The Existential Frame
Dr. Emilia Javorsky opened the Long Now Boston Community Conversation on February 5 by highlighting the critical need for community and civic engagement in addressing global priorities. The growing number of difficult issues with potentially global impacts demands collective action directed towards human flourishing as opposed to human perishing. This is particularly relevant since most of the existential threats to humanity are now self-created, like climate change, nuclear arms, or artificial intelligence.
Yet more data, and yet more science, have proven inadequate, even counterproductive, in the effort to mobilize people. In order to engage and transform a broader community, we need creativity and inspiration in order to reach and transform human imagination – a task to which art, and story telling more generally, is uniquely suited. Dan Borelli’s remarkable work with the town of Ashland, Massachusetts, shows how this can be done.
Ashland’s Complex Relationship With Color
Dan Borelli grew up in Ashland, Massachusetts, a once-thriving industrial town that until 1978 hosted Nyanza, a leading company producing chemicals and dies for a burgeoning textile industry driven by innovations in color and style – the art of fashion. But, as the chemistry of color and fabric advanced and the consumer demand for exciting new fashions accelerated, the increasingly toxic waste products accumulated on a 35-acre site on Megunko Hill in Ashland and began polluting the nearby stream and leaching into the groundwater. In 1982 that site became one of the nation’s first ten Superfund Cleanup sites: Nyanza Chemical Waste Dump, Ashland MA.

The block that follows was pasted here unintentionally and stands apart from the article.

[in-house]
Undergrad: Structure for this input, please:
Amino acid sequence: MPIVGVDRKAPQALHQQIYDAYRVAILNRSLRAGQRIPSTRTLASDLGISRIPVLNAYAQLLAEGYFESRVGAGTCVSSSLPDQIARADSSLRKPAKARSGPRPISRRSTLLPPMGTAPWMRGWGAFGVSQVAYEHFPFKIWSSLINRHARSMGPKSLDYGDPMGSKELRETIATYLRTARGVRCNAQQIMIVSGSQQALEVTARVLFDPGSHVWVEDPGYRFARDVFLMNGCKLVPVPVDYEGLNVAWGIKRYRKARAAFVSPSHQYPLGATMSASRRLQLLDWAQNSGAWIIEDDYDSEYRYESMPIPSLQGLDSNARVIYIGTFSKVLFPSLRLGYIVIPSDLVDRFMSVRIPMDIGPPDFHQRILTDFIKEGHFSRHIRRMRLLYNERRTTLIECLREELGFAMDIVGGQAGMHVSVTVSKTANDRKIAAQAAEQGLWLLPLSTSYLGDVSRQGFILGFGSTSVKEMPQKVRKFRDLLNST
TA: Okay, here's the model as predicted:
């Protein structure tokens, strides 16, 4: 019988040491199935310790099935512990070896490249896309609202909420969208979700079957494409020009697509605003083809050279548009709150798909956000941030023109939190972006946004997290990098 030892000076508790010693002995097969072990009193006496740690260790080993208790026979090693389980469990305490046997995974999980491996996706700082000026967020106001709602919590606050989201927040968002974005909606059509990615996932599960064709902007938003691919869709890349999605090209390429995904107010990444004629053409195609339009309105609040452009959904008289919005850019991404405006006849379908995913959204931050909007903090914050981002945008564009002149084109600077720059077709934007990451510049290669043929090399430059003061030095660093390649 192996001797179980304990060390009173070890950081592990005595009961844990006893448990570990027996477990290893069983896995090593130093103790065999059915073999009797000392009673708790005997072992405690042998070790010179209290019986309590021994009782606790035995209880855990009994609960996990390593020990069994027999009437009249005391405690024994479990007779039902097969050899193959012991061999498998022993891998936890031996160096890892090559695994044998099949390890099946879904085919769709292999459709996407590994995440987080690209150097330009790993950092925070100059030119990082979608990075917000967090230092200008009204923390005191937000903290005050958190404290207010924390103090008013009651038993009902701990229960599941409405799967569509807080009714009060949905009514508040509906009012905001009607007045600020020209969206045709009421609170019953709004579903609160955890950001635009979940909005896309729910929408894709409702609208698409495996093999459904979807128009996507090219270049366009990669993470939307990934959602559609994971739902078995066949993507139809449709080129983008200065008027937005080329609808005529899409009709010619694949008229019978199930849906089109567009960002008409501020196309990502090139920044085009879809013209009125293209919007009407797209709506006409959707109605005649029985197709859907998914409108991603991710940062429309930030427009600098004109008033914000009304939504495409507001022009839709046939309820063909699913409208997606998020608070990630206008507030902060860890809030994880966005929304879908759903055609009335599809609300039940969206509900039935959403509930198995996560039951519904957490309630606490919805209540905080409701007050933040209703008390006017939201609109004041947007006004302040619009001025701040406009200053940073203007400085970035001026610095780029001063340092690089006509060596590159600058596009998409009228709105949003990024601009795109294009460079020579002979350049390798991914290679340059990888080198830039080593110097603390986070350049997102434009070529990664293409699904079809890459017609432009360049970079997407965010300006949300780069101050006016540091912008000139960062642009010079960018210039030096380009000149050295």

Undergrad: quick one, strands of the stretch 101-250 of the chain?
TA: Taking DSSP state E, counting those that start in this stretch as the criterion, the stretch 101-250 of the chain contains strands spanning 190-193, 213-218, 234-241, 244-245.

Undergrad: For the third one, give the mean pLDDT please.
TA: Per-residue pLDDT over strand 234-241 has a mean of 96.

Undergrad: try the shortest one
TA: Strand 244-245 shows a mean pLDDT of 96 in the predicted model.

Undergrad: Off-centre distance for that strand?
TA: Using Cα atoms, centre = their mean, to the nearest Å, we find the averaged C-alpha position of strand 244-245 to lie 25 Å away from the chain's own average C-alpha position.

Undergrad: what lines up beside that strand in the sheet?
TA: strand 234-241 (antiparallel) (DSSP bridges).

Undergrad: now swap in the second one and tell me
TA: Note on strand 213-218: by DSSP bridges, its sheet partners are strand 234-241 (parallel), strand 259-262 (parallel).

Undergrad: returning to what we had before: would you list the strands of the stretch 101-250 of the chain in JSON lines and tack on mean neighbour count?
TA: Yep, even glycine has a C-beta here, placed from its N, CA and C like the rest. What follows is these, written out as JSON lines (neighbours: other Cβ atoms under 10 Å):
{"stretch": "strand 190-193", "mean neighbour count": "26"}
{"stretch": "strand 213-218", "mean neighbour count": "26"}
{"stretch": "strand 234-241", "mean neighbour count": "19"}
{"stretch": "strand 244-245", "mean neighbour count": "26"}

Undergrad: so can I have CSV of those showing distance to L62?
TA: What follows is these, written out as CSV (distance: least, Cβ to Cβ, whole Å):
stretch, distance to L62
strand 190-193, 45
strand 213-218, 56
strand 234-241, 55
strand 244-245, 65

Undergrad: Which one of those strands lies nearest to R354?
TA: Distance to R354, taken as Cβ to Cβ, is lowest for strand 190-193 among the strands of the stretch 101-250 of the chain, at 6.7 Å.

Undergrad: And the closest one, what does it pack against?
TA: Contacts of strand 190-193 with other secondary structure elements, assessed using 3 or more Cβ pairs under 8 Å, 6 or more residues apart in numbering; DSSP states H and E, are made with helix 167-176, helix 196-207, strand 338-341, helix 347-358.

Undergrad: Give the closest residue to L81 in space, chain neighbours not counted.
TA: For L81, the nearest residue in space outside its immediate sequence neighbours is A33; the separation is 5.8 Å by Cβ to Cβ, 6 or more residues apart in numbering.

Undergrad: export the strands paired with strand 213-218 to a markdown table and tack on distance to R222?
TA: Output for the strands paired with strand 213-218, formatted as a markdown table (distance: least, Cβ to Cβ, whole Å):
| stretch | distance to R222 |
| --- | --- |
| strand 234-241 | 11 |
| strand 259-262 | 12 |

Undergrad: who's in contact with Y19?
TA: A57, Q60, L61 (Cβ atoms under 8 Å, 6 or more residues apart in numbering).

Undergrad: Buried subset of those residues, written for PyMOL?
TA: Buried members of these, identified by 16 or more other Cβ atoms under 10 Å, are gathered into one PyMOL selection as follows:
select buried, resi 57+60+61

Yet that was not the last chapter in Ashland’s tragedy. In 2006, a report finally confirmed what residents had known for decades – the intensive pollution had led to a 300% increase in cancer rates for the exposed population, some of whom remember playing in the colorful puddles as children. Dan Borelli’s friend Kevin Kane, had led the early investigation of cancer clusters in Ashland, but died of cancer in 1998, at the age of 26, before any official study had ever began.